Prime Minister Ehud Olmert, addressing a conference on the future of the Jewish people, said he identified himself as "Jewish first, then Israeli."
The prime minister spoke at a conference on the future of the Jewish people, organized by the Jewish People Planning Institute (JPPPI) at the Mount Zion hotel in Jerusalem.
"When I'm asked, I say, yes first of all I'm Jewish, then I'm Israeli," Olmert said in an introspective speech. He added that had he been asked the same question when he was younger, he would have answered that he was Israeli first.
"If I was asked today, which I am sometimes, how do I most accurately define myself, as a person? What is that defines me most accurately? I probably will say, certainly will say, first of all I'm Jewish. Had I been asked this question when I was much younger, say at the age of 14, 15, I would have said right away, I am an Israeli. Something in me changed," Olmert said.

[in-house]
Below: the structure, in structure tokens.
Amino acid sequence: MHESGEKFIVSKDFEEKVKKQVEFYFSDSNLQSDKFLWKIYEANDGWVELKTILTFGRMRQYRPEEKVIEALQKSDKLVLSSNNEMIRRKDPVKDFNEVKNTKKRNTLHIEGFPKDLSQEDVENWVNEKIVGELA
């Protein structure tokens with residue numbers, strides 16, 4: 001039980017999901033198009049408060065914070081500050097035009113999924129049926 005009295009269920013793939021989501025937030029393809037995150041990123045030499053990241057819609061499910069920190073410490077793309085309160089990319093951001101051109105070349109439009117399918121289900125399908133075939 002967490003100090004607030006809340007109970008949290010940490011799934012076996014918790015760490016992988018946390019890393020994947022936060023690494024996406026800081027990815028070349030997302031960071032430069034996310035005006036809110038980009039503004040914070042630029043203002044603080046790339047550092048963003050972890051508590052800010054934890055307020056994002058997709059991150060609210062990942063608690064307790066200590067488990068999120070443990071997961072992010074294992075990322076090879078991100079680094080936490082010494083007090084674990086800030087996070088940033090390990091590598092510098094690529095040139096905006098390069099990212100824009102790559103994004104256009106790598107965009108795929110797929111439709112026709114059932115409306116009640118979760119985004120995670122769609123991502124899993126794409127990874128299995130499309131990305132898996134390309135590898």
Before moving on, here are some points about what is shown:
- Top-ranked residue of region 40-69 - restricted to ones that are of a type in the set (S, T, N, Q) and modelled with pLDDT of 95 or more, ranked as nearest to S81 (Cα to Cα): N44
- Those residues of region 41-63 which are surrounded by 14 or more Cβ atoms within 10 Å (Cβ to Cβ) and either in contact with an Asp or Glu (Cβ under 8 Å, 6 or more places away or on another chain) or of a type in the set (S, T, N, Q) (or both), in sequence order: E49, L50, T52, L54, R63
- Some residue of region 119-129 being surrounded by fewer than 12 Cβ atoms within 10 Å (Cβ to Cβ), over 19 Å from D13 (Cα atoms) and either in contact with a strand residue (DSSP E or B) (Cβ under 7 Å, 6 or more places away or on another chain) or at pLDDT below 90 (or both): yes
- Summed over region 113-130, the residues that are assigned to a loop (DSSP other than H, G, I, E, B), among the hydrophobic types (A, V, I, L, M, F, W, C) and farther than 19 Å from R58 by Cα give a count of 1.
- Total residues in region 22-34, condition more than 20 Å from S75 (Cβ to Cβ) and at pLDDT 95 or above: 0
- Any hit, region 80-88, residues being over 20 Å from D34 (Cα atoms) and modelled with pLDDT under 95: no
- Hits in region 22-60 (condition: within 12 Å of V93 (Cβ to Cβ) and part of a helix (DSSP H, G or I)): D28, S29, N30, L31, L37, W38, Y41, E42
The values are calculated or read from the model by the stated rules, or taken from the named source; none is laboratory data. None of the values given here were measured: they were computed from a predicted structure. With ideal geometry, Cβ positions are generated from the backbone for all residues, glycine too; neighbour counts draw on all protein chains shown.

"It's not something that just happened. It happened through a very long and sometimes painful process of soul searching of who I am and where I come from," Olmert said.
Olmert shared with the audience the story of his parents who emigrated from Russia and the Ukraine to China, before moving to Israel. "And I thought of what made them move in the first place - something that belonged to the history of the Jewish people, fears of the Jewish people, circumstances which are so unique to us and are not identical to the history of other people. And this is just one single individual story," Olmert stated.
"All our lives, we are waiting for something to happen... but that something is always connected with this place," the prime minister
said. "As Jews, the one single thing that is the driving force of everything that we were praying for and crying for all our lives was to regain something that is sometimes very hard to define, but which belongs here. And therefore when we define ourselves as Jews, there is no way that we can escape the significance of Israel in this definition we can give of ourselves," Olmert said.